Just like in the last decade, we have seen Pakistani musicians over-relying on Sufi poetry and covers of old classics to deliver hits, our filmmakers have been dependent on two genres – rom-com and comedy, to achieve box office success. Since the so-called revival of Pakistani cinema, only a few filmmakers have experimented with fresh stories and even fewer have succeeded.
Shoaib Mansoor’s Khuda Ke Liye sowed the seeds in 2007. Bilal Lashari’s Waar, despite numerous valid criticisms on its story (or lack thereof), led the way forward in 2013, proving to be a commercial success as well as a signifier that experimentation is necessary for the cinema’s growth. A few others tried to carry the momentum but eventually producers caved in and began relying on the tried-and-tested formula, something that guaranteed box office success. Since then, we have been exposed to rehashed, clichéd, song-and-dance flicks with characters which are only interesting to its makers and stories that only follow one rule: there is no need for logic.
Mansoor tried to bring his unique approach to the table again in 2017 with Mahira Khan-starring revenge-thriller Verna but horribly failed. Even the resident superstar of Pakistani cinema Shaan couldn’t succeed with his official remake of Mahesh Bhatt’s Arth.
However, in 2018, we have suddenly seen indie and even debutant filmmakers take a different route and bring forth fresh stories. Rehan Sheikh’s Azad is the first that comes to mind. Despite its film student-standard production values and excruciatingly slow pace, it told a powerful story through great performances. Perhaps using its aforementioned limitations as its strength, it served as hope for the very same film students they could do wonders with very small budgets, only if they have a story to tell.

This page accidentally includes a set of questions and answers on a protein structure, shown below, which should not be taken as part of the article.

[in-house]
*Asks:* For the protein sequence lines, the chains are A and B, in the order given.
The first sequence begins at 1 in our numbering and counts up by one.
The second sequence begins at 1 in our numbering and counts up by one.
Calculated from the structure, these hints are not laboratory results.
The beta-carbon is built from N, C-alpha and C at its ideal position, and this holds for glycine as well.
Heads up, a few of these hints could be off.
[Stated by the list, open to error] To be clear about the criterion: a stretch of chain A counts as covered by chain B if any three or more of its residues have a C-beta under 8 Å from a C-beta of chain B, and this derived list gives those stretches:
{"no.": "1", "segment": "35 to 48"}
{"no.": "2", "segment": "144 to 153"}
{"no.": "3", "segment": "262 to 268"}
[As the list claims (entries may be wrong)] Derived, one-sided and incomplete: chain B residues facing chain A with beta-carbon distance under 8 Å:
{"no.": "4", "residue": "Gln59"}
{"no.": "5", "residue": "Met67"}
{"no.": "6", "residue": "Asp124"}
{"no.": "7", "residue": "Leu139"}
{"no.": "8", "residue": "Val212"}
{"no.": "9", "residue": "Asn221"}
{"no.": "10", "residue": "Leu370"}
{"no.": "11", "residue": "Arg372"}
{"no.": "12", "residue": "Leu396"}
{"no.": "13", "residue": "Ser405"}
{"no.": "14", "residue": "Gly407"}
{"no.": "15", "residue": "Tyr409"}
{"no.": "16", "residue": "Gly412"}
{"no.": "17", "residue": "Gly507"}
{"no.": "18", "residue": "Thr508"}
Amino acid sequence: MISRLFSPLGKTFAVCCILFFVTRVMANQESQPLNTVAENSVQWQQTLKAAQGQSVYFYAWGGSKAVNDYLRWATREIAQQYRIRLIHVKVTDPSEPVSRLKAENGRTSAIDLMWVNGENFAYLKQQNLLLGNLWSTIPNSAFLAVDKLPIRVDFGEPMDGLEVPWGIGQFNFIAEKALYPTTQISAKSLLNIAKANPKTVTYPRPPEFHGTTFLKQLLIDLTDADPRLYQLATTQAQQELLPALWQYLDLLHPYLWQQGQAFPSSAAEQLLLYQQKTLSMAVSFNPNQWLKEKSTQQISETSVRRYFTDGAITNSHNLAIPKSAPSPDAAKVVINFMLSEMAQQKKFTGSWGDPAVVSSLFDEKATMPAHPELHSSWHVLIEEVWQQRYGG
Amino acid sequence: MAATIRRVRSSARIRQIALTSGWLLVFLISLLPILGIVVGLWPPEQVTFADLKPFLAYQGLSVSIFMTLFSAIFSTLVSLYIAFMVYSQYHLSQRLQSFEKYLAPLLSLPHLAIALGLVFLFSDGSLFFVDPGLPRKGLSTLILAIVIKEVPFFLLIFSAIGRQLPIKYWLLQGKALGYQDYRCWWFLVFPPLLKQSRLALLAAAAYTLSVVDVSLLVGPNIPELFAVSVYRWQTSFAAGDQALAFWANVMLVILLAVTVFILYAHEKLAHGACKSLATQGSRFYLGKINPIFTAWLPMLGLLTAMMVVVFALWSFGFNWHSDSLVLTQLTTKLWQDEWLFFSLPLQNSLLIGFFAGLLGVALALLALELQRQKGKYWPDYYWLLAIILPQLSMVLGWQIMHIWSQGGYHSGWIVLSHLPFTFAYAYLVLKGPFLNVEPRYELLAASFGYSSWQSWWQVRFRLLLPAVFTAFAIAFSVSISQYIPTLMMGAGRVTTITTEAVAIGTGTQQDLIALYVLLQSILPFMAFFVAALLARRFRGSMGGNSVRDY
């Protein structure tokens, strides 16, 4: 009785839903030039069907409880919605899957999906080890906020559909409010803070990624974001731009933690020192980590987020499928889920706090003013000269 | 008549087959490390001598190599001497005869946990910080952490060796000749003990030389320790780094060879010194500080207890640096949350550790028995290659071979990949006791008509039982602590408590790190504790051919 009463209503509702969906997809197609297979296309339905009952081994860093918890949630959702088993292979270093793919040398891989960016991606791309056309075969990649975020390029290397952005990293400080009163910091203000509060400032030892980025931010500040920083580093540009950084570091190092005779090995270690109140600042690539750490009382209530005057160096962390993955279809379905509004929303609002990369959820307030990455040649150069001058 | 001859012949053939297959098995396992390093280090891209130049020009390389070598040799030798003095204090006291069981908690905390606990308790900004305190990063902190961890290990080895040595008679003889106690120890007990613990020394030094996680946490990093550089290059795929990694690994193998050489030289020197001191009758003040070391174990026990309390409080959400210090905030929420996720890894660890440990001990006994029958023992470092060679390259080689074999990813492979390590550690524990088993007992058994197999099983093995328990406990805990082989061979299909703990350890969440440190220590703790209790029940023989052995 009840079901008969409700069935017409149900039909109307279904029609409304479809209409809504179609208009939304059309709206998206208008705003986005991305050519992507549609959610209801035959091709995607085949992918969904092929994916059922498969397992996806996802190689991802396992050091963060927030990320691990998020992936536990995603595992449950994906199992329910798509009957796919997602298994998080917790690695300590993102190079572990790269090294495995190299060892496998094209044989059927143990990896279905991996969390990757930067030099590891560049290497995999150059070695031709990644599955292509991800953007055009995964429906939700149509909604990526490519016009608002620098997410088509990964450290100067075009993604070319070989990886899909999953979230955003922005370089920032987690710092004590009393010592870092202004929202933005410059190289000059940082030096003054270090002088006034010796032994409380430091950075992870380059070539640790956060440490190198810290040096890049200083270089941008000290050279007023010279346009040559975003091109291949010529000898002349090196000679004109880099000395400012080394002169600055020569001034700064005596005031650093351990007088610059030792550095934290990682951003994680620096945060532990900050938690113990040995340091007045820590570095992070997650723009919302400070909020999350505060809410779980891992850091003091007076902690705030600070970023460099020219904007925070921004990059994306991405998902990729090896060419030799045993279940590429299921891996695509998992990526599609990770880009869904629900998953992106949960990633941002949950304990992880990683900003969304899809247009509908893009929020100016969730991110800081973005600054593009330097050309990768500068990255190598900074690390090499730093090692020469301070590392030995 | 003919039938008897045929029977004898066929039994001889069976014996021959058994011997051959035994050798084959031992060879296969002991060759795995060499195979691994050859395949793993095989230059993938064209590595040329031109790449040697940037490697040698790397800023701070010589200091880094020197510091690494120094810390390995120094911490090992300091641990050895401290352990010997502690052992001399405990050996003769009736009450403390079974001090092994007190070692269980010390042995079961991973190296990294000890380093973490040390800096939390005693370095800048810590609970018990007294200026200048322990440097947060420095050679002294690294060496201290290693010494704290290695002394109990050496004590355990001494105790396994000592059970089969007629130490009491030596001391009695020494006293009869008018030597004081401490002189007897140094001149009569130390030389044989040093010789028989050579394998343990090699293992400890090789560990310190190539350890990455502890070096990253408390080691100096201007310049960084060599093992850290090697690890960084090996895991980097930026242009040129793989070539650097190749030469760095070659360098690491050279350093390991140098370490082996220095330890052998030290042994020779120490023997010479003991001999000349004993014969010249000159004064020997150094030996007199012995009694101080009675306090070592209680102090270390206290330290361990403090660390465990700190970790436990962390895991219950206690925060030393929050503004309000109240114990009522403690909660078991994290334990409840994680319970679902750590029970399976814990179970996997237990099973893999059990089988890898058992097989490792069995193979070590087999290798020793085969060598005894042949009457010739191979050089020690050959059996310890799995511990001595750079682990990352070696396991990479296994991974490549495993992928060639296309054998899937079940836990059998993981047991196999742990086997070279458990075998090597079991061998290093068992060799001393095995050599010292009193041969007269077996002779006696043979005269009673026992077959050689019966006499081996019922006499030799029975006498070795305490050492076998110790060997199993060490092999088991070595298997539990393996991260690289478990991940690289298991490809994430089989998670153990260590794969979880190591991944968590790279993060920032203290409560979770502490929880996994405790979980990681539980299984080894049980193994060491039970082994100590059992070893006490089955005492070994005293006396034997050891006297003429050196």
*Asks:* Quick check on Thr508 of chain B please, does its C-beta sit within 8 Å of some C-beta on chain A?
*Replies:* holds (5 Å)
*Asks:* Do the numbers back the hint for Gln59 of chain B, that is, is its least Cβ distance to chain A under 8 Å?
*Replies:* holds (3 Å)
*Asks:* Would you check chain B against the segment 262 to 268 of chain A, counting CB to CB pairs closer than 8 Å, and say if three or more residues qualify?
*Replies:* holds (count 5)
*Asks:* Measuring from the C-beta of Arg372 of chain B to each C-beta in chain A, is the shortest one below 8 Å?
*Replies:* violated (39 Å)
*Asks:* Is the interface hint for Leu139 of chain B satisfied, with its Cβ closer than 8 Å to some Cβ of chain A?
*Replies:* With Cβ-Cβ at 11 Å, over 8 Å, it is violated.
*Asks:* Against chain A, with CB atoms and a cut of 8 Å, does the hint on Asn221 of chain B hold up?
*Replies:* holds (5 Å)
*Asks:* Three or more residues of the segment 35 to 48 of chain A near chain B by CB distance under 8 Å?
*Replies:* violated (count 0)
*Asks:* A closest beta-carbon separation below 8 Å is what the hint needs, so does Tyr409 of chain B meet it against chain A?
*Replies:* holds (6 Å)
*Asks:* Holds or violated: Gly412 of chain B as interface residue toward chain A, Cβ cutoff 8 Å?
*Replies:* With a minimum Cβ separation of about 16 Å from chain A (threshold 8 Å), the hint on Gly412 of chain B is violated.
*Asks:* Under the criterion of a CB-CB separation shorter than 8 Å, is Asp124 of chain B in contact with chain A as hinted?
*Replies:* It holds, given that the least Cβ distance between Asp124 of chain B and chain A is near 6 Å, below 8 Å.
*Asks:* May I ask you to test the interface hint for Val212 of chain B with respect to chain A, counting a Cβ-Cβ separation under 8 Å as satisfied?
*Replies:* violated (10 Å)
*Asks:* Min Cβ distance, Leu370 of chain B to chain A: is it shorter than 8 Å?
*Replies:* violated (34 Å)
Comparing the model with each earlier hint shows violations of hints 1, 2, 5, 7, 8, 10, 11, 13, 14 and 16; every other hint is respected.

Then, Asim Abbasi’s Cake released in April. Starring Sanam Saeed, Aamina Sheikh and Adnan Malik, it told a story of a dysfunctional family caught in the grip of its secret past and an uncertain future. Coupled with memorable performances and a soulful soundtrack (by The Sketches’ front man Saif Samejo), it showed that it was time for a new breed of filmmakers to take the reins of Pakistani Cinema.
While box office during Eid festivities belonged to established directors like Nadeem Baig and Nabeel Qureshi who helped keep up the box office collections, the real highlight was how new filmmakers have decided to offer an alternative to the cinema-going audience. After much critical acclaim locally as well as in the international film community, Cake was subsequently chosen as Pakistan’s official submission for Oscars 2019. It also continues to earn accolades in festivals around the world.
Adnan Sarwar’s Motorcycle Girl released in the same month. Starring Sohai Ali Abro, it told the real-life story of Zenith Irfan, the first female motorcyclist to travel across Pakistan. The film only strengthened the notion that at least a few filmmakers were attempting to change the direction of Pakistani cinema for the better.
The rest of the year so far has been a bumpy ride. Eidul Fitr turned out to be the most disappointing festivity after a bunch of films (7 Din Mohabbat In, Azaadi, Wajood and Na Band Na Baraati) crowded the cinemas, and yet none of them could make a mark. Then films such as the horror-flick Pari, comedy Jackpot and the animated Tick Tock offered a variety but they were such amateur attempts to even be considered worthy of playing in cinemas let alone provide quality experience that they cannot be included in the success stories of 2018.